On earned allowances, he said: “The recent sharing of money collected from the Ministry of Education whereby 80% of the money was given to ASUU, while the non-teaching staffers got only 20% is not acceptable to JAC. We hereby reject the 20% allocation to the three unions in the system. We hereby demand the sum of N30billion as part of the earned allowance for non-teaching from 2009 to 2016.”

The two unions called on the Federal Government to hasten the audit of the federal universities’ earned allowance in order to determine how much was shared and how much is remaining.

JAC also urged the Federal Government to speed up action on the renegotiation of the 2009 agreement.
He added: “This agreement we are talking about ought to be renegotiated every three years. This agreement ought to have been renegotiated three times since 2009. But as we speak the committee is still dilly-dallying. We also call on the Federal Government to include the inter-university centres in the payment of earned allowances because they are part and parcel of the university system.”

Meanwhile, a ray of hope was beamed by the Senate President, Ahmad Lawal, at the weekend, as he scheduled a meeting where it is hoped that an acceptable intervention would be made.

This followed a resolution by the warring unions on Friday, to embark on full-scale strike if their grievances were not addressed.

A letter to the SSANU President dated, July 17th, entitled, ‘Invitation to meet with the President of the Senate’, said the upper legislative house resolved to invite NASU and SSANU to a parley, which is aimed at resolving the industrial crisis.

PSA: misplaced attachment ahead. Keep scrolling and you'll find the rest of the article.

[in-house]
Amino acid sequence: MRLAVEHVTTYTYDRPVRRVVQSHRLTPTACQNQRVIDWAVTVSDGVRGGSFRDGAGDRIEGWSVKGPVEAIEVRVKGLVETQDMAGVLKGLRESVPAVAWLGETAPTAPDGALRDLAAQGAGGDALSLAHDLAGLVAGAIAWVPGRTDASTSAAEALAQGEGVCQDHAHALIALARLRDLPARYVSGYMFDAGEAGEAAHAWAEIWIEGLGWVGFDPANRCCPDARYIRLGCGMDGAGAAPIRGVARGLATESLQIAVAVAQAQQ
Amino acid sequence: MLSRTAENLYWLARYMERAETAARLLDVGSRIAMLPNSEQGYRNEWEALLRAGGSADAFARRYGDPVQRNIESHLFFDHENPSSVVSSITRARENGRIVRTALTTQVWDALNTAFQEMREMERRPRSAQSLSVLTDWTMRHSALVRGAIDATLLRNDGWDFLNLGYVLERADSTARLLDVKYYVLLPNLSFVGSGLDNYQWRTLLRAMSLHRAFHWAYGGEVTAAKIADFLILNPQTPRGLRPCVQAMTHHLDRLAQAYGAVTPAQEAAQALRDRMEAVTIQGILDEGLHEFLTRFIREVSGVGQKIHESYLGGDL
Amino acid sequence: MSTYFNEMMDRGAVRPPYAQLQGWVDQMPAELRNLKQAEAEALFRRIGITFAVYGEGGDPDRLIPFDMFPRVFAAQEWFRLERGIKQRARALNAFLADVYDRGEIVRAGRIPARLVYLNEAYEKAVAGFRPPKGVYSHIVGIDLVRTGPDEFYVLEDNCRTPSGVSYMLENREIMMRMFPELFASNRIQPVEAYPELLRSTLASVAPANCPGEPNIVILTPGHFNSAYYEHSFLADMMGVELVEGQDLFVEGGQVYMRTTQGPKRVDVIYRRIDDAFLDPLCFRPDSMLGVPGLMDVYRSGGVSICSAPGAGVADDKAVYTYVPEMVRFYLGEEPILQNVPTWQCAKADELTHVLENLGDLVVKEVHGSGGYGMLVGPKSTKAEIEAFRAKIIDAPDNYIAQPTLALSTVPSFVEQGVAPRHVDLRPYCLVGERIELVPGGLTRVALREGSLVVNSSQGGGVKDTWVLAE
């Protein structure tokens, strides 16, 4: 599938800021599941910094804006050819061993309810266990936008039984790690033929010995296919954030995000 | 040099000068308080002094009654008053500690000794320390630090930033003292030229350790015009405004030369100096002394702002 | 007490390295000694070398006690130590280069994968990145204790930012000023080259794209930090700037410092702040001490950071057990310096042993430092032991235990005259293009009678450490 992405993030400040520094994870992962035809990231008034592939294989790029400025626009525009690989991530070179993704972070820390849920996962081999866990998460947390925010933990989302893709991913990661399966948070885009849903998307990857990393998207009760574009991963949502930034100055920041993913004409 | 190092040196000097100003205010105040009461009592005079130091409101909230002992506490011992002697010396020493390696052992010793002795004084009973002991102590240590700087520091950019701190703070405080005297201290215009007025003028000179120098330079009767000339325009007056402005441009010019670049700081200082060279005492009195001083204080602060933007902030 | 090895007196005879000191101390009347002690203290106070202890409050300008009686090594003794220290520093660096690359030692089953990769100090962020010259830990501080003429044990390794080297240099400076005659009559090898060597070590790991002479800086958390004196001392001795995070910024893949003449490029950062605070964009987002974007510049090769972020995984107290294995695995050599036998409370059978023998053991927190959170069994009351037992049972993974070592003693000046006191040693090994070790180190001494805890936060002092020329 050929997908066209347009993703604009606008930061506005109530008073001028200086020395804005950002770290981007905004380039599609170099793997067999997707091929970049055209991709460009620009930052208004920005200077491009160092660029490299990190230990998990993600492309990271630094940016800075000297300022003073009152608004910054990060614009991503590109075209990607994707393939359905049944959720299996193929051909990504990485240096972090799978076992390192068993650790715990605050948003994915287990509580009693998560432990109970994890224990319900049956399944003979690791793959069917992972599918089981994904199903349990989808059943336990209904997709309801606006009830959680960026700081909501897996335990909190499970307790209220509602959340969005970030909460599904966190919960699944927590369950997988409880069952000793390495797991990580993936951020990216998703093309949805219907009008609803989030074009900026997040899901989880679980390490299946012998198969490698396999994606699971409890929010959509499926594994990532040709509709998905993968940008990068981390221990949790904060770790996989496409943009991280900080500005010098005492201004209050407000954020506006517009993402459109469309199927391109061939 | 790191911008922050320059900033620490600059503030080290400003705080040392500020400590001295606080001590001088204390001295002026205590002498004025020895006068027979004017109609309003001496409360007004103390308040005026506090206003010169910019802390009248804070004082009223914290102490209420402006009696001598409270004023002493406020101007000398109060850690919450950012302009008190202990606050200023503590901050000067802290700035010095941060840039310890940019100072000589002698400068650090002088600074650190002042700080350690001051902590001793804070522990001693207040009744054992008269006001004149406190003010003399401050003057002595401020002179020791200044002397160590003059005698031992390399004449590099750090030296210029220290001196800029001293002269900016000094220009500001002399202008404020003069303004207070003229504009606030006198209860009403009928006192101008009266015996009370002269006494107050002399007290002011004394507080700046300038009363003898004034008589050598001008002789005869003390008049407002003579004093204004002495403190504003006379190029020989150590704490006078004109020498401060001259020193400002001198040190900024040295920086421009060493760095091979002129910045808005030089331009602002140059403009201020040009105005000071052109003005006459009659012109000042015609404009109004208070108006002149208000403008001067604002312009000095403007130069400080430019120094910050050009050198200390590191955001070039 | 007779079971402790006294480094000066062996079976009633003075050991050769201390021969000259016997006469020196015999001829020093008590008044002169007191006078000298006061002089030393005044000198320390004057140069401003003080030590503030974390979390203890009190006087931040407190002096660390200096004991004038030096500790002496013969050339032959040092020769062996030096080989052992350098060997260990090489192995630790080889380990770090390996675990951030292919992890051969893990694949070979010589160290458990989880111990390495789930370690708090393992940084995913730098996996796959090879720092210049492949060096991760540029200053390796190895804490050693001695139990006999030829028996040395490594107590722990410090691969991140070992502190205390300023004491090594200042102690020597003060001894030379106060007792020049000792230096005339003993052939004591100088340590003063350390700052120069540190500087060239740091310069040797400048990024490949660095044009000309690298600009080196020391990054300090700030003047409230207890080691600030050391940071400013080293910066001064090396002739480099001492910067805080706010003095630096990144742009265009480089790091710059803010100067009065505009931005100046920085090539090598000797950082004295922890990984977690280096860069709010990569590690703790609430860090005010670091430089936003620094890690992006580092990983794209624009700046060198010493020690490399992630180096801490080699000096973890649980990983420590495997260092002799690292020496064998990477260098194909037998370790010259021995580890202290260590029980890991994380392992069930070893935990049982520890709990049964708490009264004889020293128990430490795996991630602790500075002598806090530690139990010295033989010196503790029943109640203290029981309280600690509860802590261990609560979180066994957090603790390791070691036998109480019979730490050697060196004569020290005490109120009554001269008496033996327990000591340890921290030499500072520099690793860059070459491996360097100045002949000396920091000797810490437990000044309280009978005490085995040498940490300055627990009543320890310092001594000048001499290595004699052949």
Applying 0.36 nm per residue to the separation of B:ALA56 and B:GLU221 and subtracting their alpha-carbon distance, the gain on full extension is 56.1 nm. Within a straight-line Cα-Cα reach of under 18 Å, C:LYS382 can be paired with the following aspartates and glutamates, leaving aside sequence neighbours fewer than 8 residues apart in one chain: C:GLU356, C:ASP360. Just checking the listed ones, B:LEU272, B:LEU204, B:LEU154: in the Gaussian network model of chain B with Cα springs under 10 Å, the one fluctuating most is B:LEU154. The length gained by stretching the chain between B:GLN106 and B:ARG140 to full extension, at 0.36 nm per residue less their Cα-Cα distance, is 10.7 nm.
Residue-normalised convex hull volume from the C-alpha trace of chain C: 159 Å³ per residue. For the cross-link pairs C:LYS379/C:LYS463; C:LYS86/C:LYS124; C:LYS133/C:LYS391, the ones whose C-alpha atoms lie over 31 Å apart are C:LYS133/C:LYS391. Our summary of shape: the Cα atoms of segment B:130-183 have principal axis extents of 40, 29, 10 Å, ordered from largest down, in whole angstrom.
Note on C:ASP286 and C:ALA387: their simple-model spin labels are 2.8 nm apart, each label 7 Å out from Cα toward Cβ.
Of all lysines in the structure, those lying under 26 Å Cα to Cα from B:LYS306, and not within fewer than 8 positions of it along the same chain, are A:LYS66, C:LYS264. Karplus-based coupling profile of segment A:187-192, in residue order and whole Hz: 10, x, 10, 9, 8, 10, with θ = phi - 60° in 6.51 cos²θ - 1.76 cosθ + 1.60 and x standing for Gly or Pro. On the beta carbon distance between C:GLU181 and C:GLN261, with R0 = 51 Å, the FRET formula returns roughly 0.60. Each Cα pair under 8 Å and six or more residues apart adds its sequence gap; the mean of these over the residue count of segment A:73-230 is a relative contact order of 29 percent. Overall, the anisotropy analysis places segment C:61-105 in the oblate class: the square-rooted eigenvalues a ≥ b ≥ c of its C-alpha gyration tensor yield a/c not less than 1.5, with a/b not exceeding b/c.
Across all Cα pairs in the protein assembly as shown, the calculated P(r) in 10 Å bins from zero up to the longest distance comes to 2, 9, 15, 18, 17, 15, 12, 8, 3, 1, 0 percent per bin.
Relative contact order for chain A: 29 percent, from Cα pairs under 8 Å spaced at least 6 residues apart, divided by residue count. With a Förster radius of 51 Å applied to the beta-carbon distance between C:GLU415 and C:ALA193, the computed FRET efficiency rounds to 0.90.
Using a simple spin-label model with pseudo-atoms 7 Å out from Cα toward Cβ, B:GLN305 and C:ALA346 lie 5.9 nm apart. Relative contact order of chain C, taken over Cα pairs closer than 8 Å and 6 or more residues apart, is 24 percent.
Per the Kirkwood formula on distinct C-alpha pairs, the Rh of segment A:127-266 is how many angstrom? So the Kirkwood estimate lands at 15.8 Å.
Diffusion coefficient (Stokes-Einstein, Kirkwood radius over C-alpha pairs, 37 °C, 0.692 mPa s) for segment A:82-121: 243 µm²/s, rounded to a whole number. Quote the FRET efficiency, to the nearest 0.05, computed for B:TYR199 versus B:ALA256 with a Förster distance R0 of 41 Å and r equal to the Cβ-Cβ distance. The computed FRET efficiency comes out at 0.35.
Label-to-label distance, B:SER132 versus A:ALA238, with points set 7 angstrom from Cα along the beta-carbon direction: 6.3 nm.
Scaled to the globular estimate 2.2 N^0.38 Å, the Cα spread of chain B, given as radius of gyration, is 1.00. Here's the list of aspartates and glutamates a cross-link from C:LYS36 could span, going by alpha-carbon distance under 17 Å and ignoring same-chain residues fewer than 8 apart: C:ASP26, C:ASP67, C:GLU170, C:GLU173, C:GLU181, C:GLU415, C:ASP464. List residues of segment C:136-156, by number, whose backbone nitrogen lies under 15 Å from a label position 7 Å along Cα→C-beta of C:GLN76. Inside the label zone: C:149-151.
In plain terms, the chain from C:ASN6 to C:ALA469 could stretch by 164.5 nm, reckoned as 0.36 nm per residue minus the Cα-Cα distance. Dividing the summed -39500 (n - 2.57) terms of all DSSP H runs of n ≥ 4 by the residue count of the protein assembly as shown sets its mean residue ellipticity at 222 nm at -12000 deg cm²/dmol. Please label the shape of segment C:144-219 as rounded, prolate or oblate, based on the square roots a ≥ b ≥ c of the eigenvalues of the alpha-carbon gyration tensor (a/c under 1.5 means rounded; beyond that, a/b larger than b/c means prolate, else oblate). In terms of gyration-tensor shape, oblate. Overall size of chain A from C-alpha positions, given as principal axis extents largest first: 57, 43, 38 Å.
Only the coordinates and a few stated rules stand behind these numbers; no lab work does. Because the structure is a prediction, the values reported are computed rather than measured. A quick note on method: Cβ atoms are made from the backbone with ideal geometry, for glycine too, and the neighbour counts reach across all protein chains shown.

The letter read in part: “The Senate of the Federal Republic of Nigeria at its sitting on Tuesday, 16th July 2019, resolved to invite the President of the Senior Staff Association of Nigerian Universities, (SSANU) to a meeting with the President of the Senate.”

The invitation signed by the Clerk of the Senate, Nelson Ayewoh, indicated that the meeting held yesterday.


Recall that the two university non-academic staff unions had threatened to commence series of actions to draw the attention of government to the alleged discrepancies in the disbursement of Earned Allowances in favour of ASUU.

A resolution by the JAC of NASU and SSANU signed by Chairman of JAC and National President of SSANU, Ugwoke, and the General Secretary of NASU, Comrade Peters Adeyemi had alleged that only 20 per cent of N25 billion released was given to the three unions, while ASUU alone took the huge chunk of it.

The communiqué at the end of the emergency NEC meeting on July 12th, read: “The meeting in Session rejected the sharing formula adopted by the Federal Ministry of Education in the allocation of the last tranche of N25 Billion which allocated 80% to ASUU and a paltry 20% to the Non-Teaching unions.”

It resolved that the national leadership must make a demand of N30 billion being part-payment of arrears of Earned Allowances owed members of NASU and SSANU between 2009 and 2016.

It also resolved that the demand must also include Inter- University Centres who have been denied Earned Allowances in previous tranches despite being members of the Unions covered by the 2009 agreements.